Adult male osprey are large, dark brown above, and white below; the head is white with a black streak through each eye. Eyes are vivid yellow. Females usually have dark streaks on the breast whereas the males are usually clear white. Immatures are like adults except that their upper parts are flecked with white.
In flight, viewed from below, osprey are mainly white, with dark speckles on the breast, barring on the wings and tail, and a dark patch visible at the bend of each wing; the wings are characteristically angled, resembling an M. Viewed from head on, the wings are arched (something like a gull's), the bend of the wing held higher than the wing tips. Wings are long in proportion to the body size, and wing beats are typically slow and deep. Voice includes descending chirps and rising squeals, and a loud, clear whistle, often in a series and sometimes in response to other osprey.
Length: 24 inches; wingspan: 66 inches. (Midway between eagle size and large hawk size.)
Uncommon statewide, most are spring and fall migrants; a few nest here. Reintroduction efforts focus on reservoirs such as Truman Lake. Birds still here in late May are probably nesting. Osprey used to nest in Bootheel swamplands and along the Gasconade, Osage, Missouri, and Mississippi rivers.
Habitat and Conservation
Usually seen near lakes and rivers, foraging for fish near the surface of the water by frequently hovering and plunging feetfirst to catch fish near the surface. Osprey are one of few bird species that are nearly worldwide in distribution. In North America, most breed along both the East and West coasts and inland through the Great Lake states, the northern Rockies, across Canada and throughout much of Alaska.
Osprey eat almost exclusively fish that they have caught, including carp, catfish, perch, shad and suckers. On rare occasions they have been seen catching snakes, frogs and shorebirds. Also called “fish hawks” or “fish eagles,” osprey usually fly back and forth over—and 50 to 200 feet above—the water while searching for fish. When an osprey spies a fish, it hovers a moment before diving and plunging into the water feetfirst. Often it will completely submerge except for the wings.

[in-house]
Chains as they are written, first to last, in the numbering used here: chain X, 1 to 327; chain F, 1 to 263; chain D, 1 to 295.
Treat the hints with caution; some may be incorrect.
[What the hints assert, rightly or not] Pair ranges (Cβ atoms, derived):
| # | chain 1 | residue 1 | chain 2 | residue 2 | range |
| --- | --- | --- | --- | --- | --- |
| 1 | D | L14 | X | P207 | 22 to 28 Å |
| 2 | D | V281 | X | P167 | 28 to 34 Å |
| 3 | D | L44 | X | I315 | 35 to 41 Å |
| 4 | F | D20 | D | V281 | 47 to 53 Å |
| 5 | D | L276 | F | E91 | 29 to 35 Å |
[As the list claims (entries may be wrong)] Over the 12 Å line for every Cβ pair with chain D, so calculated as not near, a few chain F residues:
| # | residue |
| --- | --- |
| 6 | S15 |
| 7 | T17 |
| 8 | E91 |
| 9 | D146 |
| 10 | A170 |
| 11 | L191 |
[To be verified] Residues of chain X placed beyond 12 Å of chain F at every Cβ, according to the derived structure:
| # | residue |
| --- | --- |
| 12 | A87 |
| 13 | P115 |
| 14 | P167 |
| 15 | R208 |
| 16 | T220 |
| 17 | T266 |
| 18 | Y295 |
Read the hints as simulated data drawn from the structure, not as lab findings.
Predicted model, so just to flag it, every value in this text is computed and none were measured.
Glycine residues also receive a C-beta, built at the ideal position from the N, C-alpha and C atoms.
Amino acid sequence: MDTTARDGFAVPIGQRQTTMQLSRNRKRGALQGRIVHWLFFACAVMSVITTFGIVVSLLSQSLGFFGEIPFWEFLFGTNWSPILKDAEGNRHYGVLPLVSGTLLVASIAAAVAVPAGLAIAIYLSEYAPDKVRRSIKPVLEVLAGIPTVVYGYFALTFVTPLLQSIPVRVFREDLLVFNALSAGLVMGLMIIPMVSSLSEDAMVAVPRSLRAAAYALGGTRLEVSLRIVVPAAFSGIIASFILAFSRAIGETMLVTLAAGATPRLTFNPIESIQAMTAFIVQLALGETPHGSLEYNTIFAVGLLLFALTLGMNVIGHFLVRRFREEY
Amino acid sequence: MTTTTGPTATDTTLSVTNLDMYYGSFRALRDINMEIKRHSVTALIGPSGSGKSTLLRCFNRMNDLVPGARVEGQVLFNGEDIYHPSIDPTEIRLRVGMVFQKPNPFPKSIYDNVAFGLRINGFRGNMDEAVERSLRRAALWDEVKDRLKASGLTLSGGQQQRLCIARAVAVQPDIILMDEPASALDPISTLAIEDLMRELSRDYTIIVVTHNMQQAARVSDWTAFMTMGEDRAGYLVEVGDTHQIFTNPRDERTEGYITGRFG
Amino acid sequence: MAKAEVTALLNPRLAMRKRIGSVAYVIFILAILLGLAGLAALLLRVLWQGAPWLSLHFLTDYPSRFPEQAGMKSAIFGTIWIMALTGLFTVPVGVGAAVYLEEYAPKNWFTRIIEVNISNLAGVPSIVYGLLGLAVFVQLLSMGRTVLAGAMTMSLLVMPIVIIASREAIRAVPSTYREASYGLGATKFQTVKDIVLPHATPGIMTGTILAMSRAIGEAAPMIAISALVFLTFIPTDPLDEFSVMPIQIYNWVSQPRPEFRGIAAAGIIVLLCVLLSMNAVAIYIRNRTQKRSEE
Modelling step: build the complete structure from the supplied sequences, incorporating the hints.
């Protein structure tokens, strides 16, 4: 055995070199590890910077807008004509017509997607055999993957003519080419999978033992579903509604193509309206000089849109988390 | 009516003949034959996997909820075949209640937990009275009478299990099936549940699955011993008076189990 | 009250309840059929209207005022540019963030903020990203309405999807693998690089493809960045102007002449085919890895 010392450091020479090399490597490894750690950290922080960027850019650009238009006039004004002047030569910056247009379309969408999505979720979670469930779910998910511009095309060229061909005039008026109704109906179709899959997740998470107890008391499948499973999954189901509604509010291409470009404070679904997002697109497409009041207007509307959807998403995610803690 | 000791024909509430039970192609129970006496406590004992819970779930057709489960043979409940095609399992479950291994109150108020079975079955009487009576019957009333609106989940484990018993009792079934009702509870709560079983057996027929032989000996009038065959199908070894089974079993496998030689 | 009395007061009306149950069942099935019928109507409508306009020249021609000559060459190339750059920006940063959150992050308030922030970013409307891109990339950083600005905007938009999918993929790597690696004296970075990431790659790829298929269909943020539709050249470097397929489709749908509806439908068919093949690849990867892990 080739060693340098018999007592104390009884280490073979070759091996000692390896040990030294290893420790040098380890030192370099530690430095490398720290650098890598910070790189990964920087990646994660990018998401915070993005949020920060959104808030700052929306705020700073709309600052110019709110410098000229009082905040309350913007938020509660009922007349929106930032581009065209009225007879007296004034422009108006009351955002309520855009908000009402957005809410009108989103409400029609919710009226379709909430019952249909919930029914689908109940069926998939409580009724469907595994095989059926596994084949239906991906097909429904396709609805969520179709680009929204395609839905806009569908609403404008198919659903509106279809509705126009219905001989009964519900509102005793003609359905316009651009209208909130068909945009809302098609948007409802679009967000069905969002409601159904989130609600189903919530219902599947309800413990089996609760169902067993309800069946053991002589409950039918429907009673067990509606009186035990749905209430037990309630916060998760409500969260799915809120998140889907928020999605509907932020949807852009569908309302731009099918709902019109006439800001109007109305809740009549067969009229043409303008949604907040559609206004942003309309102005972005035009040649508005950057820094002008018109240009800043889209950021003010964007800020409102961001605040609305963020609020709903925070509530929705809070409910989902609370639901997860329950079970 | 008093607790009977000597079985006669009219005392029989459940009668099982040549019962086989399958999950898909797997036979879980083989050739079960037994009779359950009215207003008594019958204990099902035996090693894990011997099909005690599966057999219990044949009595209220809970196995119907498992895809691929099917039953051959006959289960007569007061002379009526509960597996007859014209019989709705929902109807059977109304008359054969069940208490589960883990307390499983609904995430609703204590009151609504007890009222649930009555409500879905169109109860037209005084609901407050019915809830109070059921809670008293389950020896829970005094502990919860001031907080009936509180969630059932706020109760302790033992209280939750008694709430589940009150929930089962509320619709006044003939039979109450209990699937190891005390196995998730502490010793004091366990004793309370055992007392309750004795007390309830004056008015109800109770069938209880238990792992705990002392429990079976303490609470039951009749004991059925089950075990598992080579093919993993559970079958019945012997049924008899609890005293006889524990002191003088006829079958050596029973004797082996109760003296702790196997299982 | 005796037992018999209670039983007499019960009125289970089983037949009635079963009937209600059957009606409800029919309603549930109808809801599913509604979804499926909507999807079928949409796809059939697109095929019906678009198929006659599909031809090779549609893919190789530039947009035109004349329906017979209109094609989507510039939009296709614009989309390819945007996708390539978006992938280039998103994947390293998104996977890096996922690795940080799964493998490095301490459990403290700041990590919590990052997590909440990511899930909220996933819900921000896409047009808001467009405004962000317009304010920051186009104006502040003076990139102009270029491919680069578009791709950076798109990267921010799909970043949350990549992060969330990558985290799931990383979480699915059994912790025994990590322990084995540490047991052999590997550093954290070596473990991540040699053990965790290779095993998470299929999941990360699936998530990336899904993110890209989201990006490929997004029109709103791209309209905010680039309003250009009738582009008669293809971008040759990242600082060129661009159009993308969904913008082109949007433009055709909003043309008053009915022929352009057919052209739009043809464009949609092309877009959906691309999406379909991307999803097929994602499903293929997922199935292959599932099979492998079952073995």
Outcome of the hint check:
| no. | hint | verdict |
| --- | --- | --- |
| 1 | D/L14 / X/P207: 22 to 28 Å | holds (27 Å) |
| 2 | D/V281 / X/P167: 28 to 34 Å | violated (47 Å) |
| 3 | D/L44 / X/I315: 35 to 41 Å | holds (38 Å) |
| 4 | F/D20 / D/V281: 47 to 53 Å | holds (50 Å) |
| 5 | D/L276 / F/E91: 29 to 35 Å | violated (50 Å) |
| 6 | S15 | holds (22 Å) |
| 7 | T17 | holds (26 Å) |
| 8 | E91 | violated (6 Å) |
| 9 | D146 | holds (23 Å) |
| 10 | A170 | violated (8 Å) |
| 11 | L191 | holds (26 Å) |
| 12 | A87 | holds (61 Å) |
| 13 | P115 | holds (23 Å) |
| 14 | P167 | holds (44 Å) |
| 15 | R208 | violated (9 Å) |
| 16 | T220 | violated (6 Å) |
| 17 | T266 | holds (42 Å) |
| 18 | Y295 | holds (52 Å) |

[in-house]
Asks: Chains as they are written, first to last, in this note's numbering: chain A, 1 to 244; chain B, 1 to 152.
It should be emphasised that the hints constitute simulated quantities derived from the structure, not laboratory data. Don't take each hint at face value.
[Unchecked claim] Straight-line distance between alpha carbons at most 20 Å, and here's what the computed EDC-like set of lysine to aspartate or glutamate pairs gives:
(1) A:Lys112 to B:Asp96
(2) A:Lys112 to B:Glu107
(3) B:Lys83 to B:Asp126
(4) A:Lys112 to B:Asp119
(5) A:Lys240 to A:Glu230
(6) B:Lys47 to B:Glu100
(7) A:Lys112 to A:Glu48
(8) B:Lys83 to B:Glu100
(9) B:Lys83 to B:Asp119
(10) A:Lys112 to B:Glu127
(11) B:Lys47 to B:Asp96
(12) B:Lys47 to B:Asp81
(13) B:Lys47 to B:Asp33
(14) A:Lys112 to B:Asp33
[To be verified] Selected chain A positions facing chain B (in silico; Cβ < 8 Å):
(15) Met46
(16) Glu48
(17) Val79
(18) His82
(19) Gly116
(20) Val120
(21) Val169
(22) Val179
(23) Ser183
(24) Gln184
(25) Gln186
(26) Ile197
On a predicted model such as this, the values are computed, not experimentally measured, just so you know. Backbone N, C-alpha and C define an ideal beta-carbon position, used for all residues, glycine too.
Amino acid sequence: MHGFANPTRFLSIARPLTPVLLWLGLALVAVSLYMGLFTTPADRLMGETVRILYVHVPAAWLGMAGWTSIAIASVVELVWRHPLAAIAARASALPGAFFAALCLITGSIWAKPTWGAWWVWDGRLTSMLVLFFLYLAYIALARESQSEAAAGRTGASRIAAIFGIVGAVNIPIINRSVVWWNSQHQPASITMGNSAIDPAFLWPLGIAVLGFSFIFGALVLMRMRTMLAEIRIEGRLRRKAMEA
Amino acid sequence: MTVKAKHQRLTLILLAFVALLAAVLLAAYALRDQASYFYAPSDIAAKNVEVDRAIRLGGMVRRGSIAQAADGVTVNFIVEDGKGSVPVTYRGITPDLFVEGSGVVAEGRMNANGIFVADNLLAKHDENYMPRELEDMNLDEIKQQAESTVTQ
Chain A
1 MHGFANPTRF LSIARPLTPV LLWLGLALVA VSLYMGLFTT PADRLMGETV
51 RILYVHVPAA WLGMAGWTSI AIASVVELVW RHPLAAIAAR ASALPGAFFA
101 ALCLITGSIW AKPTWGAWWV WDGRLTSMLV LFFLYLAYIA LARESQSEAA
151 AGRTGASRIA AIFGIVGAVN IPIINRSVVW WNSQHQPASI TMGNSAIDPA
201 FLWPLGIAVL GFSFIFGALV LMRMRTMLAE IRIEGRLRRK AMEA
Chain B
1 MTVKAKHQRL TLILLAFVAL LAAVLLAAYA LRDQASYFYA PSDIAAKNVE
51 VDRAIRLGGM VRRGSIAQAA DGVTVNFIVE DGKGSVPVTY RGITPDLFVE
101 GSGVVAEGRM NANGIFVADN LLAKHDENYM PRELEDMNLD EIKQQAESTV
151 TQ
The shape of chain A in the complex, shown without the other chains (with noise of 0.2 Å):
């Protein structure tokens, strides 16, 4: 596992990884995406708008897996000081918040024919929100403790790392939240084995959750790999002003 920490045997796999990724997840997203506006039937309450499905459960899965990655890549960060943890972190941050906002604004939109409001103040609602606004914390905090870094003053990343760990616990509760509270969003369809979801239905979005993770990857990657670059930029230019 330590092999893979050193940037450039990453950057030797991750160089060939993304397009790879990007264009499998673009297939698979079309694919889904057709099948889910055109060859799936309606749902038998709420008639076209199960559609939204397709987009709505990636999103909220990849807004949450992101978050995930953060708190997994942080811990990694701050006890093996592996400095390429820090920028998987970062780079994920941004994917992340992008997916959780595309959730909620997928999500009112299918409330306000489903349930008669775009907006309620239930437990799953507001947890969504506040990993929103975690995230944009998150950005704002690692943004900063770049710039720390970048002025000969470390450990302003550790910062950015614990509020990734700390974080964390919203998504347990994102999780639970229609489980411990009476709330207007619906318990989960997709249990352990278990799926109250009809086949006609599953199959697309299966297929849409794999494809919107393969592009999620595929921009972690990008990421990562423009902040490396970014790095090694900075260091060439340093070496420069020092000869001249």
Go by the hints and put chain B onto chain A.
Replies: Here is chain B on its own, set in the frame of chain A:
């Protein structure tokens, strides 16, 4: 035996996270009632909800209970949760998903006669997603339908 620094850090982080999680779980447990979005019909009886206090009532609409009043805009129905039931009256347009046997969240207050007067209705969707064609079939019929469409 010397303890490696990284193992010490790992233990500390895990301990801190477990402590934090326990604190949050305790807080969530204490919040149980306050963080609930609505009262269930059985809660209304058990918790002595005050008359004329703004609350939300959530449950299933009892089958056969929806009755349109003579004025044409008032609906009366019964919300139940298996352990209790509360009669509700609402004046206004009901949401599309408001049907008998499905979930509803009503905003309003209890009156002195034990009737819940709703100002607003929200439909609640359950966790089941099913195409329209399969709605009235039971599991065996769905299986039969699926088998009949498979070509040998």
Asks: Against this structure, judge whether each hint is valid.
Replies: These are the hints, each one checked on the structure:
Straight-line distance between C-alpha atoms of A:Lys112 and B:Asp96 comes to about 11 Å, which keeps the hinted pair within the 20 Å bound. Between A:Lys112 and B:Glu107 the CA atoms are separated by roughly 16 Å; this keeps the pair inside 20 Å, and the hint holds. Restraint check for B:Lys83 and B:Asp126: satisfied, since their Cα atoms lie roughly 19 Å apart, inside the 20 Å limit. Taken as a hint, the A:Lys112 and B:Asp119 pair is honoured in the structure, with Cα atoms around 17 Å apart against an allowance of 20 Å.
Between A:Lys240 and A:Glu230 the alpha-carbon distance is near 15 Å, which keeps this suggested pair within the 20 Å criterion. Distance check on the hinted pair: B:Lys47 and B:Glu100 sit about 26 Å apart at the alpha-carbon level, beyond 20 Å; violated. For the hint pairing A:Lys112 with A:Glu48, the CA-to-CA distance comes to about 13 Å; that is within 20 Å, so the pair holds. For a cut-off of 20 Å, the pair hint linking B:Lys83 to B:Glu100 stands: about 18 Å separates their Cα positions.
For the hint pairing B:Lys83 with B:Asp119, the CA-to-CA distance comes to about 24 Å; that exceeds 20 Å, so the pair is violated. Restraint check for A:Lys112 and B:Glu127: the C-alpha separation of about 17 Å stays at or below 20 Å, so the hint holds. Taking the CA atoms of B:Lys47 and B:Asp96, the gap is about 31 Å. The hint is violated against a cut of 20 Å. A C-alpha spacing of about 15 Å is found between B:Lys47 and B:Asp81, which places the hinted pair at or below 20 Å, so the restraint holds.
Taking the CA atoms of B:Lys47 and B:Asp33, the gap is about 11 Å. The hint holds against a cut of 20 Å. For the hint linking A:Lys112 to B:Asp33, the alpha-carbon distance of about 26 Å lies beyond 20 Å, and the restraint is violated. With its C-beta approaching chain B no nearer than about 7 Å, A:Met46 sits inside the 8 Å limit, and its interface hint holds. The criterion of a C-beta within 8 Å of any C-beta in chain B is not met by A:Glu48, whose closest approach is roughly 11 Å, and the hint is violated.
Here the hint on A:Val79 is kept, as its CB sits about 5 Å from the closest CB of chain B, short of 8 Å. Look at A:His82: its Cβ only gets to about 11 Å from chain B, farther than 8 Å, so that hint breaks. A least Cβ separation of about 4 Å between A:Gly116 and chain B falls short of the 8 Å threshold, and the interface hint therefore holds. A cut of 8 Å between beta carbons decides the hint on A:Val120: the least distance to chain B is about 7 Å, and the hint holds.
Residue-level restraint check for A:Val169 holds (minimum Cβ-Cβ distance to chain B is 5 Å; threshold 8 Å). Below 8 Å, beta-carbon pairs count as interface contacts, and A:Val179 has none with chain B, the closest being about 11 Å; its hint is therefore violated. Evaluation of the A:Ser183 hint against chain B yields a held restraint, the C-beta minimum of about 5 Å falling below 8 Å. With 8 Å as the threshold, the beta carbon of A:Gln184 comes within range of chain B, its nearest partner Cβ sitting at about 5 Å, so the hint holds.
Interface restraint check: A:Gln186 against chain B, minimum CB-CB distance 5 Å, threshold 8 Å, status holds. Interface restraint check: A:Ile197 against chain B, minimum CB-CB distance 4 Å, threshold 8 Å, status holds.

Uncommon migrant; rare in summer and winter; occasional breeder. A Species of Conservation Concern. In Missouri, osprey apparently were never plentiful and had stopped breeding here well before the DDT era. Yet pesticides and other chemical toxins also took a toll. Osprey habitat (today, reservoirs) might now be more prevalent in Missouri than it was in the past, and reintroduction efforts are paying off. As of 2014, 10-20 nesting pairs have been documented in recent summers.
Osprey reach maturity at age 3 or 4 and usually nest near water on some tall structure, such as a tree or rocky bluff. Like bald eagles, they generally mate for life. Nests are built of sticks and miscellaneous other materials, and 2-4 eggs are produced. These hatch in about 5 weeks, and the chicks fledge after about 9 weeks. Both parents care for the young. Osprey live about 7-10 years but have been known to live for 25.
Many raptors declined sharply in the 1950s and 1960s due to toxic insecticides. But until the passage of a 1972 law protecting them, raptors were routinely shot by humans who deemed them threats to fish, livestock and so on. Yet raptors had coexisted with their prey for millennia.
Osprey are predators of fish, filling a natural role in limiting their populations. Not many animals prey on a top predator such as osprey, but certain owls and large eagles may take young individuals and nestlings. Bald eagles have been known to snatch food away from osprey.
Where to See Species
About 350 species of birds are likely to be seen in Missouri, though nearly 400 have been recorded within our borders. Most people know a bird when they see one — it has feathers, wings, and a bill. Birds are warm-blooded, and most species can fly. Many migrate hundreds or thousands of miles. Birds lay hard-shelled eggs (often in a nest), and the parents care for the young. Many communicate with songs and calls.